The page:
words. That’s why I’m here. If you’re honest I’ll make sure that what
you say is printed just like you say it, no filter, no editing, your words. They haven’t given us a lot of time, Rick,
and I don’t honestly know if they’re gonna let me come back after today. As an African-American, Gloria and I have
a very definite and specific perspective on what American freedom, American democracy,
and what it means to be an American is. This play is a lot about walking in somebody
else’s shoes and having compassion for people who don’t look like you, who weren’t raised
like you, who maybe are from a different country, who have a different faith. One of the defining questions in storytelling
is this question of, who gets to frame the story, and who gets to tell the story? White people get to tell the story, they get
to frame the narrative, and yet all these other people are quote-unquote “the minorities,”
and we’re always at the periphery. What really attracted me to this play that
you’ve written and that we’re working on, is that you’re a human being first,
more than anything else, before you’re illegal or before whatever this condition is. I’m trying to write a play about a kid that’s
trying to survive and make it in the world, and that’s it. And through DACA, I’ve been able to now
have a job that treats me well, that gives me breaks, and I get health insurance, which
is really crazy. And even though that little social is just
a work permit, I think about how drastically it’s changed my life in the last three,
four years that I’ve had it. Now I’m here, developing a play and being
an artist, and I don’t know how many undocumented people get to say that they’re working artists,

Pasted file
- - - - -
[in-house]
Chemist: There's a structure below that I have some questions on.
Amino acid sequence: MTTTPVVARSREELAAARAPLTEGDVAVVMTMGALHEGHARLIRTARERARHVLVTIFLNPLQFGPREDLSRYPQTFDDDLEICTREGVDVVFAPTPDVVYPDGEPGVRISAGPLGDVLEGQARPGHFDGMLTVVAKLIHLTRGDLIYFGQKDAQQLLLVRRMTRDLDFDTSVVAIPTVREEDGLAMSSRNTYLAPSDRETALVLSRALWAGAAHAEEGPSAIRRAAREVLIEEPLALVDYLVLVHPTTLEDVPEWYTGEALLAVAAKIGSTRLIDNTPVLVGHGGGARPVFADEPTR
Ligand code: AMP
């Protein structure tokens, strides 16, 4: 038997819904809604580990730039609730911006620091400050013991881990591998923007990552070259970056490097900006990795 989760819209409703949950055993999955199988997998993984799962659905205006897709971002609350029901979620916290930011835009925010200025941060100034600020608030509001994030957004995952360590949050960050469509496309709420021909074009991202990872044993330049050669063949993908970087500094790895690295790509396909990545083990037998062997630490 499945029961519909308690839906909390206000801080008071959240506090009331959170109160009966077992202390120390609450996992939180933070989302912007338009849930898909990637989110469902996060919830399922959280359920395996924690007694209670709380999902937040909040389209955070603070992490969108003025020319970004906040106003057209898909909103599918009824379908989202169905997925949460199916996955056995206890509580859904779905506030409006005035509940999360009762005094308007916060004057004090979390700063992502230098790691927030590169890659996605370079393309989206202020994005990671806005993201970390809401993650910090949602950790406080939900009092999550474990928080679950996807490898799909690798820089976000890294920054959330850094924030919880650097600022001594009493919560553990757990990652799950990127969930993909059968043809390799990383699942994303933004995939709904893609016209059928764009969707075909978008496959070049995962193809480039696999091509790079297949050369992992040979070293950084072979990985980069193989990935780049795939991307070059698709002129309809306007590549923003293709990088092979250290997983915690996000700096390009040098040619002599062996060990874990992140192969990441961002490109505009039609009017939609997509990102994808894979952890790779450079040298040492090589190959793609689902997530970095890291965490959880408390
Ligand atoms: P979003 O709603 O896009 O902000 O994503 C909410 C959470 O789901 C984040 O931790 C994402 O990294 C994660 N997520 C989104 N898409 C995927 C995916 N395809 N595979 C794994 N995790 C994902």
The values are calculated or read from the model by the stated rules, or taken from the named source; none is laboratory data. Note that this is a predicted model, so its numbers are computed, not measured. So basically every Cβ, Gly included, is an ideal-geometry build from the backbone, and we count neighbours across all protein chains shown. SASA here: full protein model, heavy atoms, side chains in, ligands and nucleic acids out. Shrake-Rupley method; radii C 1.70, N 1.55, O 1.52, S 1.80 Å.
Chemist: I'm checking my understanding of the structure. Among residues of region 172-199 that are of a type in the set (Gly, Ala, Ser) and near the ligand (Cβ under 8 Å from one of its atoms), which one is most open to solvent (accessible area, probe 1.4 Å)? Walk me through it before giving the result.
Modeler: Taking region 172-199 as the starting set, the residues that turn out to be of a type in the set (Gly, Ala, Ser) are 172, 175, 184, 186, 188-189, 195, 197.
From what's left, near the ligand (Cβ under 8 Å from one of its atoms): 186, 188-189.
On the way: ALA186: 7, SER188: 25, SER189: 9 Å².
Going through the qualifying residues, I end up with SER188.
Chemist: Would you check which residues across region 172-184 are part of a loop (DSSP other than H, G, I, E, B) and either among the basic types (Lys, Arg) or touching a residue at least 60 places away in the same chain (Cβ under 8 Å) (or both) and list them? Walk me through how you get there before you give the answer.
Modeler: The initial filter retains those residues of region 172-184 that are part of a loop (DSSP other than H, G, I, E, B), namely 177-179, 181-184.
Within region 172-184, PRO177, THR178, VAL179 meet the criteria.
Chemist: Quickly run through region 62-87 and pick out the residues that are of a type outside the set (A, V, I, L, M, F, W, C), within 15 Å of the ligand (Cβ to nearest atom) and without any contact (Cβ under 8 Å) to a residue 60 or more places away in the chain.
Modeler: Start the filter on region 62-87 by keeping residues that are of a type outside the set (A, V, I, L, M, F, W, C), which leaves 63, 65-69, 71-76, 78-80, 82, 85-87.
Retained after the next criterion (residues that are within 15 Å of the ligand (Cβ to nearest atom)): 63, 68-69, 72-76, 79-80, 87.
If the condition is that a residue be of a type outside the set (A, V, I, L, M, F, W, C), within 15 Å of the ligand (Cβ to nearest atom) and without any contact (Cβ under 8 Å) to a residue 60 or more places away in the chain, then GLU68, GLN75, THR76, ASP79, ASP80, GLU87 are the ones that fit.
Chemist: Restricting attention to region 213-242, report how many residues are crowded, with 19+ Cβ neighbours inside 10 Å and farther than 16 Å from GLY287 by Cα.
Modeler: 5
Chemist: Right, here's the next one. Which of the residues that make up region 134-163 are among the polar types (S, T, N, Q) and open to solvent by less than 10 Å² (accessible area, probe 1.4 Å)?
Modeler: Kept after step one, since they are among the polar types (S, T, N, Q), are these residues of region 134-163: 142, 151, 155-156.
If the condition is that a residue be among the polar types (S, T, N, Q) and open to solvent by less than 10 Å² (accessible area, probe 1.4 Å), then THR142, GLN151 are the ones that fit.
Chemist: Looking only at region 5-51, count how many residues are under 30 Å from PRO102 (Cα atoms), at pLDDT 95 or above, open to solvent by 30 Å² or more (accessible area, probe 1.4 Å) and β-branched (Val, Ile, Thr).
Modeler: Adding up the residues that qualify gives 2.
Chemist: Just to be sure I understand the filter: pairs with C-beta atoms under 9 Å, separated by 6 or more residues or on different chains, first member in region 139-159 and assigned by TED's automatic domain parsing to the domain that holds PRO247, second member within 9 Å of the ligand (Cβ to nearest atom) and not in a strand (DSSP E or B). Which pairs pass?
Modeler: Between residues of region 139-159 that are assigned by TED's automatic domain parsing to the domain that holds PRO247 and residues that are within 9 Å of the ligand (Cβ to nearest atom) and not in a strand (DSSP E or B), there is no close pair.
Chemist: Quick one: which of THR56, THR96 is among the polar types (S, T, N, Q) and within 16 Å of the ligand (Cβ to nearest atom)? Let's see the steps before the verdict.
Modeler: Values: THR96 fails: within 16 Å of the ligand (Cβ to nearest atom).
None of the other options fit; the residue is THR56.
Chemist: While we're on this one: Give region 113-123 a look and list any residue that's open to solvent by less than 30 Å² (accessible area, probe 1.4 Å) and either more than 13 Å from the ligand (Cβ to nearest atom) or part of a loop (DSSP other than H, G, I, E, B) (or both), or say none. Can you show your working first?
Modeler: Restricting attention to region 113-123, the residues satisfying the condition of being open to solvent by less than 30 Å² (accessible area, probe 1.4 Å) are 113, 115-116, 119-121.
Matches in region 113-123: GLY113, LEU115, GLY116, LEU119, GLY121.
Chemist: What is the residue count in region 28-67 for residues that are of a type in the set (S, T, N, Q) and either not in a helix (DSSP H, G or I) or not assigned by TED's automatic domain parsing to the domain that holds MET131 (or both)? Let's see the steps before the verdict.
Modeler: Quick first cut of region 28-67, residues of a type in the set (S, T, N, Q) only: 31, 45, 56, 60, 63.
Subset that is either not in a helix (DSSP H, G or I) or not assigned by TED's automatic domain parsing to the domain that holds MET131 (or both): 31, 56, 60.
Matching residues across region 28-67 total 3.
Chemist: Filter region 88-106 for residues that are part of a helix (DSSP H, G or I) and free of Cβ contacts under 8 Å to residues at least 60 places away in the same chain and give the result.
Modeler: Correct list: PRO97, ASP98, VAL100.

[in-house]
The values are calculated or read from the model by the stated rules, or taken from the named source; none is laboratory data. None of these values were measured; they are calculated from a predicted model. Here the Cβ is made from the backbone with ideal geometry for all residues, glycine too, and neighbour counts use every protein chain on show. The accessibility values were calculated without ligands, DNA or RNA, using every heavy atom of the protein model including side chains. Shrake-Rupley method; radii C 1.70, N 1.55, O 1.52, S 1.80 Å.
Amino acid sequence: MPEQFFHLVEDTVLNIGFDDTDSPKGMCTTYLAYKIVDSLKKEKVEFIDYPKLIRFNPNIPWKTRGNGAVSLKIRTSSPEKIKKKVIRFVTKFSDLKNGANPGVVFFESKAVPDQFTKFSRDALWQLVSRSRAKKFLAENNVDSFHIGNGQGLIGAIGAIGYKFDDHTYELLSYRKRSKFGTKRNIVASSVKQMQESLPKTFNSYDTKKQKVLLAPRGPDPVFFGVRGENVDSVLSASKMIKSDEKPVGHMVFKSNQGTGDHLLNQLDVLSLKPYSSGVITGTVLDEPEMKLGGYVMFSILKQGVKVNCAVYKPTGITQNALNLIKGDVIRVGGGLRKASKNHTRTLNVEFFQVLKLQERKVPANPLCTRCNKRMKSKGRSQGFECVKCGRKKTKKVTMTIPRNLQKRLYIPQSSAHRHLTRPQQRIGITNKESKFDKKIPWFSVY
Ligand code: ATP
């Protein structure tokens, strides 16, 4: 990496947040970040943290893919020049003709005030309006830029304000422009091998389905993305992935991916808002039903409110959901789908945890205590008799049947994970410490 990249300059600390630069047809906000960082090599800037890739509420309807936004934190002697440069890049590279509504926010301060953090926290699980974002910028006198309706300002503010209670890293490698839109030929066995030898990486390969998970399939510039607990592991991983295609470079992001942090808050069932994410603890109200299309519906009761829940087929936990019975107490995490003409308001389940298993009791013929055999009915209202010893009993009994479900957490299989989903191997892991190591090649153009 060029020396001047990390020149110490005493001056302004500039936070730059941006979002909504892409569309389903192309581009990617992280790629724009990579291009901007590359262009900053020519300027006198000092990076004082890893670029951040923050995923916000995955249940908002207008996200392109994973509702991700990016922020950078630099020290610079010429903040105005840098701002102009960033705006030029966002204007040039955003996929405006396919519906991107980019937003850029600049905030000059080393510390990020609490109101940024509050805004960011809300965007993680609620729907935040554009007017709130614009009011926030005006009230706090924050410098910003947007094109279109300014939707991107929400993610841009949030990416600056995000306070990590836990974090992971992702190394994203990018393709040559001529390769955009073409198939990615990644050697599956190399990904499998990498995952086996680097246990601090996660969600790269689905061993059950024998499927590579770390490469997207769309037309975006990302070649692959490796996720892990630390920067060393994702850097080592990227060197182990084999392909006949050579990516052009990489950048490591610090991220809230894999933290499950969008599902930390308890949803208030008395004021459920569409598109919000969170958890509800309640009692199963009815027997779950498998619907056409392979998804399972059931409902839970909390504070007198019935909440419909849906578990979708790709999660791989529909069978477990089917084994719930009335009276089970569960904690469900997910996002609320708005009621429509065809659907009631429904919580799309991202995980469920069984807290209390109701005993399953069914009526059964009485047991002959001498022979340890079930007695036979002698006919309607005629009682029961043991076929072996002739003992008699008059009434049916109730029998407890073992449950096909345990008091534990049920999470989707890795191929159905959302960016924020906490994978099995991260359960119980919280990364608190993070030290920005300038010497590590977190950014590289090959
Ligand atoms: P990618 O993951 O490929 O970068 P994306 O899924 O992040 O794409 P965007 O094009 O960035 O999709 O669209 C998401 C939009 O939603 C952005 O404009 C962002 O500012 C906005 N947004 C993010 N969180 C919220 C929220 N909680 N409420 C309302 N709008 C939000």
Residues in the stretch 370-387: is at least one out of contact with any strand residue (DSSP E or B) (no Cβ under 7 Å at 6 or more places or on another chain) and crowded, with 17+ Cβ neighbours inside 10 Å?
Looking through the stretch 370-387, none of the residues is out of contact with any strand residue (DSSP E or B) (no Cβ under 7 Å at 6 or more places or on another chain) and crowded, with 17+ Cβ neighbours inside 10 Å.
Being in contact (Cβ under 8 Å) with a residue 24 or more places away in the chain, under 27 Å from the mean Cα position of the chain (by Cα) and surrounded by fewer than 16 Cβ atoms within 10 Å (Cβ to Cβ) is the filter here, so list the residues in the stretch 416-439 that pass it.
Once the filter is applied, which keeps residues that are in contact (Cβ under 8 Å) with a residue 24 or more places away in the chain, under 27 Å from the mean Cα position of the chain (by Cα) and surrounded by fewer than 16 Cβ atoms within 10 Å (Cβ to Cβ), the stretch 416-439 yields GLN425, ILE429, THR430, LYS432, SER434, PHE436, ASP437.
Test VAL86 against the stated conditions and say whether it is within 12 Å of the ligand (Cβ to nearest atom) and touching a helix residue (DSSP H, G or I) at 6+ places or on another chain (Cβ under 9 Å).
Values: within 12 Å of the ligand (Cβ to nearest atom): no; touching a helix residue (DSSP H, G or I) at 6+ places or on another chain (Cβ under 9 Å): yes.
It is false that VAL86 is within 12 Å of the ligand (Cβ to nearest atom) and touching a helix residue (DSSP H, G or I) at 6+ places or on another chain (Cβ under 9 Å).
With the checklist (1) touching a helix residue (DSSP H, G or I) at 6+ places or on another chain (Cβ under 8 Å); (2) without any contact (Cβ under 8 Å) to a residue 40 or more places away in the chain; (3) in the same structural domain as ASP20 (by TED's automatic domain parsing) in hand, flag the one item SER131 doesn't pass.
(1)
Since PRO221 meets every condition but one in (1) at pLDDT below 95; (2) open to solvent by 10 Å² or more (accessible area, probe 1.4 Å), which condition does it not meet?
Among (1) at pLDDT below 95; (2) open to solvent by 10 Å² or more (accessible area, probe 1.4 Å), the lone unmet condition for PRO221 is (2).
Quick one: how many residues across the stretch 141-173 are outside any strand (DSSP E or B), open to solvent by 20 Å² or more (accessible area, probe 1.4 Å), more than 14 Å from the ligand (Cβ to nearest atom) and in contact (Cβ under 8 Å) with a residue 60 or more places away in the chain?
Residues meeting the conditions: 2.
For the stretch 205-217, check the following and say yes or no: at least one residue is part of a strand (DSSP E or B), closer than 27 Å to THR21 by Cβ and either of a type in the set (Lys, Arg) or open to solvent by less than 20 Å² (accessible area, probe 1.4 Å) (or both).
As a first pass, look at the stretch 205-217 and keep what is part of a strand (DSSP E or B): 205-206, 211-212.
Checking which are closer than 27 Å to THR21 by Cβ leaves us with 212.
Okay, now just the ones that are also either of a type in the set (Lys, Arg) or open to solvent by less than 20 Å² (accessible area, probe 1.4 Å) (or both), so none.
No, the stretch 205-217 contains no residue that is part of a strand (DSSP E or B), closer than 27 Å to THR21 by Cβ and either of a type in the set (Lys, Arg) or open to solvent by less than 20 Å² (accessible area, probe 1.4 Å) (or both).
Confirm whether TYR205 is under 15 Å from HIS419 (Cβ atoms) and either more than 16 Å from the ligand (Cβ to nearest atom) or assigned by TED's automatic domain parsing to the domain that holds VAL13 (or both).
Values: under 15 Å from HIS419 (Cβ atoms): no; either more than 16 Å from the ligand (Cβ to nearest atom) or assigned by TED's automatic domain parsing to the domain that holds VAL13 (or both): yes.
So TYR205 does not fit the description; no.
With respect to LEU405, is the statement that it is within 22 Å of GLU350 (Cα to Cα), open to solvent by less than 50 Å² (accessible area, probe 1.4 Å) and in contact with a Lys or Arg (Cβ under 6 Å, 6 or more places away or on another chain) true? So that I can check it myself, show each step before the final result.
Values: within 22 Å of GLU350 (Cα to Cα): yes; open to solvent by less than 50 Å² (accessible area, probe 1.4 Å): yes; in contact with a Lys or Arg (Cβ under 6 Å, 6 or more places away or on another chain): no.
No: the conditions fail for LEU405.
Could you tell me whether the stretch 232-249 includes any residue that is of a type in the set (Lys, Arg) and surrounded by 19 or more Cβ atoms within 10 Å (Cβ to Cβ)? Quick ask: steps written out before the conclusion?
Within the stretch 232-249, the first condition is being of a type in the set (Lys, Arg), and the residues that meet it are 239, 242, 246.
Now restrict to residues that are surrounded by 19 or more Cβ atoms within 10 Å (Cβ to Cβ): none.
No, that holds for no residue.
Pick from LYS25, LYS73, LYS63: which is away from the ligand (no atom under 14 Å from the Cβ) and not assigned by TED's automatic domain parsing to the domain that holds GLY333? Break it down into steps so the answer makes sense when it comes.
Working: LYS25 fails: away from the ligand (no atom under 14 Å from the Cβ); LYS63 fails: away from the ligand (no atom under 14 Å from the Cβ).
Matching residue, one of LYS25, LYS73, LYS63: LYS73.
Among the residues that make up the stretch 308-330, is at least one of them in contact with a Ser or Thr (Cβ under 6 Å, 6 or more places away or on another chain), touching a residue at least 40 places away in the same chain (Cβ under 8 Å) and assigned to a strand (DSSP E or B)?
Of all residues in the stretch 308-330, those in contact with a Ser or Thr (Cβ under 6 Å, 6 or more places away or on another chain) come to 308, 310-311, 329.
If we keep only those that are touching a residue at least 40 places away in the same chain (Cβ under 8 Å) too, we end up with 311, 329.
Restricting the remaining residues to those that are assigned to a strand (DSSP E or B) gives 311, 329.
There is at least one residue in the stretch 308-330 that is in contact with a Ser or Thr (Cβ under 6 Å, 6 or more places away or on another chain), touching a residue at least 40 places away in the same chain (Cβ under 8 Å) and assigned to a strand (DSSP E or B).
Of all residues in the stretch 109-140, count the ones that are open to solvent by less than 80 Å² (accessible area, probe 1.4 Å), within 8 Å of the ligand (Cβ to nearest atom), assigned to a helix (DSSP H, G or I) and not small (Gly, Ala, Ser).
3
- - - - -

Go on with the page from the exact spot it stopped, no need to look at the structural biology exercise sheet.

or they’re making, you know, money off of their art, so I feel really blessed and grateful. I heard about this spot from you, because
in San Francisco, there was a street in the mission where people got their social security
cards, but where do people get the social, where do you have to go? You know sometimes old guys will make a sign,
so they’ll go like this or something, and then you kind of know. Okay honestly though, the funny thing about
that is when I was doing this, nobody thinks I’m undocumented, so when I was standing
in mission, people would just be like, it’s almost like they thought I was a cop or something. That’s true! Mexicans don’t think that Asians are undocumented,
so why would you need a card? [sirens] [music] There’s what, 800,000 undocumented immigrants
just in the LA area alone? We’re not eligible for food stamps, we can’t
get health insurance, and we’re not eligible for social security, even though we pay thousands. But people don’t know those facts, they
don’t want to believe those facts. Undocumented people are actually an integral
part of the culture, and not just the culture, the economy. When white people move, it’s manifest destiny,
it’s courageous, it’s essential. When people of color move what’s the question,
is it legal? Is it a crime? So how do we reframe that conversation? All the Western democracies are struggling
with similar issues. We’re increasingly a multicultural, diverse
civilization, and there are inherent tensions in that process, and particularly in times
of economic distress. And what we are seeing today is the rise,
the re-emergence of the authoritarian impulse. It takes advantage of this fundamental anxiety,
which at its heart is a kind of economic issue, but expresses itself in tribalistic and racial
forms. What I find interesting about art, it’s
almost as if white people get to be everybody, and people of color play roles. Right? So black people are this way, gay people are
this way, latinos are this way, illegal people are this way. The biggest trick is that undocumented people
are like everybody else. We’re just as dumb, we’re just as smart,
we’re just a beautiful, we’re just as ugly, we’re just as flawed, we’re just
as imperfect as everybody else. So it’s not one story, it’s a collection
of stories. A good piece of art, a good piece of theatre,
is a stage talking to itself. Well, who’s doing all the talking? Who gets to listen? Theatre of course is about bringing together
very disparate groups of people, during which they share a story. A story about themselves, about their society,
about their culture. And in the sharing of that story, hopefully
they learn something about themselves, they are provoked to think more deeply about themselves,
to ask better questions, and to leave in some fundamental ways, altered and perhaps more
open to the possibility of change. [music]